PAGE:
“There’s no fool like an old fool,” traditional proverb.
Gaetano Donizetti’s Don Pasquale has only three things going for it – a sparkling score; a charming story of young love and old foolishness; and more humor than a barrel full of monkeys. Those three little things are what make this opera a comic masterpiece of the highest order. But one other element necessary to success is a staging that brings the notes on paper to life. Livermore Valley Opera’s production sparkles.
The title character is an elderly bachelor whose only heir is his nephew Ernesto, with whom he is displeased because of Ernesto’s courting a young widow, Norina. Yearning to leave a direct legacy, Pasquale announces his intention to marry and accepts a proposal from his friend Dr. Maletsta to take the hand of the doctor’s sister, Sofronia, who has resided in a convent for years. Problem is, Pasquale has seen neither Norina nor Sofronia. Maletesta wishes to save his old friend from what he considers to be an unwise move, and he concocts a ruse that turns a parlor room comedy into a madcap romp.
The music joyfully expresses the bel canto idiom, replete with sensuous arias and richly decorated ensemble pieces that embrace both the romantic and humorous spectrum. Several quickly sung pizzicata pieces add to the brightness of the score. Another feature that adds to the melodiousness and continuity is Donizetti’s adoption of strings to accompany recitatives rather than the repetitive tinkling of the harpsichord.
LVO has adopted a non-traditional approach to Don Pasquale, based on a 2002 production by San Diego Opera, by setting it in the Wild West of the 1880’s rather than earlier in that century in Rome. The sets cleverly represent the time and place. The thematic transformation works and gives the opera a little local panache without sacrifice of the essential sense of social mores and relationships from Donizetti’s home environs.
By casting Peter Strummer as Don Pasquale, the company has landed a bass-baritone highly experienced with the role because he is very good at it. His vocal quality and physicality suit the role completely, and his comedic expression is impeccable.
As Norina, Erin Sanzero equally commands the stage with an imposing characterization. From the time she enters to sing the stunning “Quel guardo il cavaliere….So anch’io virtu magica,” she embodies the role with great dominance or affection as needed. Her powerful voice is supported by a lyric clarity, taking on the bel canto passages with great aplomb and with coloratura flourishes. And, yes, she hits the high notes, including some optional interpolations with a high D hit and held.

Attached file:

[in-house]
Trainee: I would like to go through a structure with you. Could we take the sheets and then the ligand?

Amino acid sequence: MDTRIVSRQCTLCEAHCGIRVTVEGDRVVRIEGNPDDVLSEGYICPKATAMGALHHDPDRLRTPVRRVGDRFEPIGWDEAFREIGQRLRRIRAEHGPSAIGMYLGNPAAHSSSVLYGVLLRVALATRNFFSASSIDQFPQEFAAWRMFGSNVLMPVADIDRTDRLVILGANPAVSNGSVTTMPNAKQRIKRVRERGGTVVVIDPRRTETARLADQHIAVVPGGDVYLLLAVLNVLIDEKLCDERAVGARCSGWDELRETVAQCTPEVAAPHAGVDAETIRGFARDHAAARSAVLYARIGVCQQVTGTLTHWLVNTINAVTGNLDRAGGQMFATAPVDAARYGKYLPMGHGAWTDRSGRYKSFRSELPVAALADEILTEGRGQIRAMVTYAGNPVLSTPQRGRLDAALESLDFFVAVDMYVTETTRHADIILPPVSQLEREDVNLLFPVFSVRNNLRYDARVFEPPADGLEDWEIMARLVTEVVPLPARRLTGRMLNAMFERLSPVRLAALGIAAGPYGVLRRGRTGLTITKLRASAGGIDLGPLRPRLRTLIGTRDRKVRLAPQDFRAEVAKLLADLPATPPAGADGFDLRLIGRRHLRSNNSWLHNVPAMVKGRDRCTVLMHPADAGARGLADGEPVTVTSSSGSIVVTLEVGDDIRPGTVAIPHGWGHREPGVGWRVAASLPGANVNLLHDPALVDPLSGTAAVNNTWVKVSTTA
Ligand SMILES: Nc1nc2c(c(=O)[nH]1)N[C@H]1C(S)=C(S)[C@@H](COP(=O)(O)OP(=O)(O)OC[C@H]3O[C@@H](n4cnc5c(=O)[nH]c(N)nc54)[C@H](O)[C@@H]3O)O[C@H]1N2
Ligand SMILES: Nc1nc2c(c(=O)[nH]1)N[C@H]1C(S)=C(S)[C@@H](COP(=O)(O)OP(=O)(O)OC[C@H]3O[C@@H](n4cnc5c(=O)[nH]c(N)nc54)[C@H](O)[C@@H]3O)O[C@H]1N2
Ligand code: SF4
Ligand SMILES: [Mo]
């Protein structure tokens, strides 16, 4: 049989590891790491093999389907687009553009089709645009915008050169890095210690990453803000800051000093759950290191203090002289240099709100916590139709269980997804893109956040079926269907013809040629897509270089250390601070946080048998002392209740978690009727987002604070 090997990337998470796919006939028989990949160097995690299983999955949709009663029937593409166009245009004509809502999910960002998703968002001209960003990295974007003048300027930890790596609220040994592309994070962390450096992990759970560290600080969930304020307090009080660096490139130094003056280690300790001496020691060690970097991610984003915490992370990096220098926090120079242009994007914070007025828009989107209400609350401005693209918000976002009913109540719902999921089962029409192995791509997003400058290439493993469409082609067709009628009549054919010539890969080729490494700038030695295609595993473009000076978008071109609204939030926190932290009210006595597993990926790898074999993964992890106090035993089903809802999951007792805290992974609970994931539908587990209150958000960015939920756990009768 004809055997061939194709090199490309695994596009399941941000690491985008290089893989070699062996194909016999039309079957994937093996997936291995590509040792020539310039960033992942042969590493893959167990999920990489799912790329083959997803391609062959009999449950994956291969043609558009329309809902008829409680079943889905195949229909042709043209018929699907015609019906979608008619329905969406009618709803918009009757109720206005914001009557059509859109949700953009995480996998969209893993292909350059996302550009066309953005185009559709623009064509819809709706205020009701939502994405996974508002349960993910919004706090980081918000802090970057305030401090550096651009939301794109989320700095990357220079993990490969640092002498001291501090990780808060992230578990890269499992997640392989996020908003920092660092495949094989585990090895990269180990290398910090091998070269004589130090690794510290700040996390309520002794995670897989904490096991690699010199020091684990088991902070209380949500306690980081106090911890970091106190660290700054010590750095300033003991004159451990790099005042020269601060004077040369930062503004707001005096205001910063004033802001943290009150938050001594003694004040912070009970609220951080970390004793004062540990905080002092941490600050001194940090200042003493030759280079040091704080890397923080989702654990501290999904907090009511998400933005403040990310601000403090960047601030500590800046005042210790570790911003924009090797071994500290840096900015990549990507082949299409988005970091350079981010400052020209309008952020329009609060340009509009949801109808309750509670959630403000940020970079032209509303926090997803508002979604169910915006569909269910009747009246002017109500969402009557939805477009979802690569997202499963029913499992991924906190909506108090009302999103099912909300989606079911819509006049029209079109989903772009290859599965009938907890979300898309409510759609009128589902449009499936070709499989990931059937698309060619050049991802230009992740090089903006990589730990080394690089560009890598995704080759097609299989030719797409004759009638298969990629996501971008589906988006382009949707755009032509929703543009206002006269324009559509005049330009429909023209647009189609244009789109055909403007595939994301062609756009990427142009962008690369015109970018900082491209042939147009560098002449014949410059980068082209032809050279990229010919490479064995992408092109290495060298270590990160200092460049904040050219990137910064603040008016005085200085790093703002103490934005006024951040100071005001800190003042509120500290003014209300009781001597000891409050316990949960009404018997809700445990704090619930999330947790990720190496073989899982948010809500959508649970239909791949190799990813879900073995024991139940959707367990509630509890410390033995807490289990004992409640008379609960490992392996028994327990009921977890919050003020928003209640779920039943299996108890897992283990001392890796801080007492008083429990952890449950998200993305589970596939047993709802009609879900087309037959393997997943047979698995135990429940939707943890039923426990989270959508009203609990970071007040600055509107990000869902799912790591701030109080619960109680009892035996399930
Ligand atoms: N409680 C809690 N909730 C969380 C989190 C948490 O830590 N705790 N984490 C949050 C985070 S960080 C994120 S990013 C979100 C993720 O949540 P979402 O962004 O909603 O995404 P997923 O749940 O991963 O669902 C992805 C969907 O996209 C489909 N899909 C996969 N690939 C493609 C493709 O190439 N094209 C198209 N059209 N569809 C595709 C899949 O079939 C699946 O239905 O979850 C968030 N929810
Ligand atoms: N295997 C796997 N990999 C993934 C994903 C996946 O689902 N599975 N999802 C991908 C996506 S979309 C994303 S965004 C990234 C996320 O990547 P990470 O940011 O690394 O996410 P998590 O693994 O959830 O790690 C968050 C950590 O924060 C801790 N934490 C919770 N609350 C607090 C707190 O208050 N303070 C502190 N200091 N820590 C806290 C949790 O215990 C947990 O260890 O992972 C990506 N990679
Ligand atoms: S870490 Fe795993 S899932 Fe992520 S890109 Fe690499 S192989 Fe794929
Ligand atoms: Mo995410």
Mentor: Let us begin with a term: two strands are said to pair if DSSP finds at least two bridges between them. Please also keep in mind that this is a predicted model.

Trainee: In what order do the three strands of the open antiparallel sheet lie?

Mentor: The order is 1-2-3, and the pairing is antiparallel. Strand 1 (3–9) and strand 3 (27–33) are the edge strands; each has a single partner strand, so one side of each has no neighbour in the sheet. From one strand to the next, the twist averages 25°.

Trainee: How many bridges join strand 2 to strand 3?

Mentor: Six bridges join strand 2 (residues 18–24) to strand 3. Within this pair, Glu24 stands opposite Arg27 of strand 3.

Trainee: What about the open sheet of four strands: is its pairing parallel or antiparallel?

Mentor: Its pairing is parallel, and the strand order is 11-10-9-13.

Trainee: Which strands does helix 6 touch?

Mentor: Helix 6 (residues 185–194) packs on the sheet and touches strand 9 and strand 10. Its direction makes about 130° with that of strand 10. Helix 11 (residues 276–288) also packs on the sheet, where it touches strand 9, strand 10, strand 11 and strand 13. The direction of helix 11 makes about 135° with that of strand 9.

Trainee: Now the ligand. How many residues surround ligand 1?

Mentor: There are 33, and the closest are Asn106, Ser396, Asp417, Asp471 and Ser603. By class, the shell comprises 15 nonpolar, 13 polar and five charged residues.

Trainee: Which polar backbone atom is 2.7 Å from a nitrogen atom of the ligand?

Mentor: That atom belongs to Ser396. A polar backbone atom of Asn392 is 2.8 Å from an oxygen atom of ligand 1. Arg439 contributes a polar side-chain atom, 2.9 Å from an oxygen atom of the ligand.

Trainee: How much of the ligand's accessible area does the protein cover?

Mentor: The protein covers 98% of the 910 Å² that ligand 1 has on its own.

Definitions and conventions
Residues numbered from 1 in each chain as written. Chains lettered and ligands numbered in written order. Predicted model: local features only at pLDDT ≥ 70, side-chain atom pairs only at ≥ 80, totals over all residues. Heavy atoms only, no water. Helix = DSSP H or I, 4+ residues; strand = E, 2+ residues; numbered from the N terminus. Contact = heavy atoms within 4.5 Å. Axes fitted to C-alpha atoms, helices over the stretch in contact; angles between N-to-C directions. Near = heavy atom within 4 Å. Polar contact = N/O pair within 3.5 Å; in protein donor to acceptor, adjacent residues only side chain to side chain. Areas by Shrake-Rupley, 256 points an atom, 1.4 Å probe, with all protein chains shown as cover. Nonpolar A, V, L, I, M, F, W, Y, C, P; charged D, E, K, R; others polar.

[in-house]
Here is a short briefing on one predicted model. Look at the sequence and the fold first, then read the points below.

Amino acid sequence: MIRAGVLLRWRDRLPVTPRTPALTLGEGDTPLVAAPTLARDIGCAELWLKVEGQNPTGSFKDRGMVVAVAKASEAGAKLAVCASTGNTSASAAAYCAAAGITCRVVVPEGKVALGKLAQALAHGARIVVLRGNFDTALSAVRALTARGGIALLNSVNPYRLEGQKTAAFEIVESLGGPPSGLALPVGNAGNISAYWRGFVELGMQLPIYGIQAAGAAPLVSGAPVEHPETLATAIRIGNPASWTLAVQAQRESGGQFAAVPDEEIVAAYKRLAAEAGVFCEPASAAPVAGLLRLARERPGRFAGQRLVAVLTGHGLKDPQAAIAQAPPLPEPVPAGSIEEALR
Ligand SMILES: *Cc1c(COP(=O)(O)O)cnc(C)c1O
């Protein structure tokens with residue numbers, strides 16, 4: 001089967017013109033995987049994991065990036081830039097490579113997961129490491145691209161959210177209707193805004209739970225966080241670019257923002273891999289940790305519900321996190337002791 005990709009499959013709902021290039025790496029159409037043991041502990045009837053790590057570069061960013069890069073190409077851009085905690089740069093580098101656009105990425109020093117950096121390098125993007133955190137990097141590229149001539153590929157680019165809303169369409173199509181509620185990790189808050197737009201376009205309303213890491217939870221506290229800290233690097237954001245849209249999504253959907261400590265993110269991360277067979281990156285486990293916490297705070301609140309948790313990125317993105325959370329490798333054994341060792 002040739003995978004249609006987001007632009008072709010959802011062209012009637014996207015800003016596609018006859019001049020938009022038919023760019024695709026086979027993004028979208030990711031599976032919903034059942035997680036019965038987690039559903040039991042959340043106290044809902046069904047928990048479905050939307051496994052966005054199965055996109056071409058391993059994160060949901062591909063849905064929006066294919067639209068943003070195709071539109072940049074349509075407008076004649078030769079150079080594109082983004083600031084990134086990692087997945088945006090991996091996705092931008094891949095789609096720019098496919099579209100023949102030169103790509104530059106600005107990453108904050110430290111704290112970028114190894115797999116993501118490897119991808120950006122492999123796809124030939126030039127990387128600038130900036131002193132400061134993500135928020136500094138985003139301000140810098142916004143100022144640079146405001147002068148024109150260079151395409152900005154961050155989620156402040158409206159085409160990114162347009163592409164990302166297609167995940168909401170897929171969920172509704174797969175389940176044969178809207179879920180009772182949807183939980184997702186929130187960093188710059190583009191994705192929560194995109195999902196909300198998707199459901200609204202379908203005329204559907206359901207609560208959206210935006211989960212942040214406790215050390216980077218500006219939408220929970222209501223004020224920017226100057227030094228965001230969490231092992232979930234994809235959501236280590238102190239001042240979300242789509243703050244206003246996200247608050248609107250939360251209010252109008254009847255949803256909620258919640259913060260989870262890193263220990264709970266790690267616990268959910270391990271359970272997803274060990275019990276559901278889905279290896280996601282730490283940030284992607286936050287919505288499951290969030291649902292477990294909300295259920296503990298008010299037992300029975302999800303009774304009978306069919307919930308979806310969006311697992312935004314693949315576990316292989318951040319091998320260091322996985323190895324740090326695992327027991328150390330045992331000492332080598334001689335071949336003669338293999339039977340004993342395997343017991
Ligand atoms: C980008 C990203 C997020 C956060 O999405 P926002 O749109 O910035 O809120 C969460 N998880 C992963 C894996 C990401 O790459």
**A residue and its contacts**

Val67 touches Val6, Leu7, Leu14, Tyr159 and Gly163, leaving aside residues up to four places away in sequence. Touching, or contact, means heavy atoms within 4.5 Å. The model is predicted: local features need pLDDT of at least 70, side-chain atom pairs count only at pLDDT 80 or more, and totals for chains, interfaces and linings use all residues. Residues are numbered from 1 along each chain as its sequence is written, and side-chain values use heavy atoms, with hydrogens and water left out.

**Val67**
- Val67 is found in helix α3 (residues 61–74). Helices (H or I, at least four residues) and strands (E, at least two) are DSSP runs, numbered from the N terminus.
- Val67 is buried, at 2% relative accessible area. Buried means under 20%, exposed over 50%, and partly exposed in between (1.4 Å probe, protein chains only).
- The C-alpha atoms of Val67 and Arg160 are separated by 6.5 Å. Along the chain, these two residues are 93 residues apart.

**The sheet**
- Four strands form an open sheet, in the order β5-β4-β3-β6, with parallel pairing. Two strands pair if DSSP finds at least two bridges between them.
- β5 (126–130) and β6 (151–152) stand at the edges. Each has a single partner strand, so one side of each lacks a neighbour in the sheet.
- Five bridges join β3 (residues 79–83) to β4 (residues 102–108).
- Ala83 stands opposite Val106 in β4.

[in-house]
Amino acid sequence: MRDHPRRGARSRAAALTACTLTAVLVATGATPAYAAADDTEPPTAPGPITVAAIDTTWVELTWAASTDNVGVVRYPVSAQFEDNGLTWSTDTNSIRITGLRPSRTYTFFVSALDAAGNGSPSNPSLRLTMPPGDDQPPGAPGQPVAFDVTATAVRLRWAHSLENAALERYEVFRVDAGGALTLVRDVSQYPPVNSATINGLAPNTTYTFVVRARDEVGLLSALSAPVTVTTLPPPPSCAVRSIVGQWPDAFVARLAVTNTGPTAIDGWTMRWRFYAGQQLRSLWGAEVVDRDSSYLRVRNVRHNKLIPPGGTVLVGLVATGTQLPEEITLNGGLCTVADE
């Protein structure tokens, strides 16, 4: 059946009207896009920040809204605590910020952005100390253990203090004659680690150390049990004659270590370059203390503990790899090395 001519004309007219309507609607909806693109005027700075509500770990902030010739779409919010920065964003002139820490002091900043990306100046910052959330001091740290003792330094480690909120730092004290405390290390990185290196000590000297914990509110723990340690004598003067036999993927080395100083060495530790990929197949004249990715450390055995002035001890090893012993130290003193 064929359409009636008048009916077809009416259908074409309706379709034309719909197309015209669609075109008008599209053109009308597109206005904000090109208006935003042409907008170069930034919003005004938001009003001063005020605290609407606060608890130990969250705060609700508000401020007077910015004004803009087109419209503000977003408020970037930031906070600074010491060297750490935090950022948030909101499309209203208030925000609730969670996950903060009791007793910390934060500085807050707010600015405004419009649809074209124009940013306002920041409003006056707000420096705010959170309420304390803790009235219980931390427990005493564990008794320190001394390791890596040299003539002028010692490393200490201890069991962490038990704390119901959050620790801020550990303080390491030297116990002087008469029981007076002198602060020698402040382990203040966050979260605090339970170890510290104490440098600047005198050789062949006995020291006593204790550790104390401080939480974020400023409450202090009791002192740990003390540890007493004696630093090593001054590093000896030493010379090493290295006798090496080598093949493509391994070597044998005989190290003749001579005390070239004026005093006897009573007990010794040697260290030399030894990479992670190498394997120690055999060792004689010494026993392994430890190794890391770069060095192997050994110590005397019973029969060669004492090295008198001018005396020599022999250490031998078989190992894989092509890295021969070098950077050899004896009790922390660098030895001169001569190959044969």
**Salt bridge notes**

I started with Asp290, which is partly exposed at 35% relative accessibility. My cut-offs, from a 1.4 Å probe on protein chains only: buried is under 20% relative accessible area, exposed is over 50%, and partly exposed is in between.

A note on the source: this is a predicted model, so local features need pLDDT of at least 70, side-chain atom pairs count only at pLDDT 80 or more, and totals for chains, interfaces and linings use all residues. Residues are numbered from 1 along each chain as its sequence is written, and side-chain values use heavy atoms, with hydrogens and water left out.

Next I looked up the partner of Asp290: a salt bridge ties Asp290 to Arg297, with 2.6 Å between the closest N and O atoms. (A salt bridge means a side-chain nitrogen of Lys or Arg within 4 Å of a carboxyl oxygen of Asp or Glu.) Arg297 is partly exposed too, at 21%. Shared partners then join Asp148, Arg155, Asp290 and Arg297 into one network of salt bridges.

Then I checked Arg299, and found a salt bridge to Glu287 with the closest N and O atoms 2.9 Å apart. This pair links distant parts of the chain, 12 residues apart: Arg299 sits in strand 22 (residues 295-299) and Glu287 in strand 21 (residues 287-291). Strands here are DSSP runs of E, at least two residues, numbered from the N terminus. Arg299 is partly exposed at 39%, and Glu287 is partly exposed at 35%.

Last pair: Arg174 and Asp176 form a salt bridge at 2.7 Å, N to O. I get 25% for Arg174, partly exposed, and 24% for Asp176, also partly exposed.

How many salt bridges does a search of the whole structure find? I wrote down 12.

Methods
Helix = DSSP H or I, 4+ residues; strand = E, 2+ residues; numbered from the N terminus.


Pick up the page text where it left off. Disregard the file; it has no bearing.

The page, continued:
Alex DeSocio plays Dr. Malatesta, made up with Buffalo Bill Cody moustache, beard, and flowing long hair. At first, he seems too young to be a trusted friend of Pasquale, but that can be forgiven in return for his fine voice and strong presence. Marco Stefani as Ernesto looks the part of the handsome lover and struts about like a proud stallion, but he didn’t seem to be in the strongest of voices on opening night. He did improve over time and held his own in the touching love duet “Tornami a dir che m’ami.”
Each major player basks in the solo sun, but the several ensembles provide some of the finest moments, particularly the fun-filled quartet before intermission, “Ah, figliuol, non mi far scene.” From the opening overture, Alexander Katsman conducts with celerity, demonstrating command of the composer’s dynamics of tempo and volume shifts. The under-25 piece orchestra mostly belies its size by generating a full sound that meets the demands of the score.
On a personal note, this is the fourth Don Pasquale that this reviewer has seen in the recent two years – two versions of the same production at San Francisco Opera and Santa Fe Opera and a totally different one at Island City Opera. I admit to being unenthused about seeing LVO’s version. My wife and editor, Karin, even predicted that this would be the last Don Pasquale she would ever see. Could we make it through this one? Color us wrong. In part, we were taken by the Wild West theme. But we were also impressed by the vibrancy of the overall staging, the quality of the performances, and were reminded of the gold in “that thar” score. This is our favorite, and I can recommend it without reservation.
Don Pasquale, composed by Gaetano Donizetti with libretto by Giovanni Ruffini is produced by Livermore Valley Opera and plays at Bankhead Theater, 2400 First Street, Livermore, CA through October 8, 2017.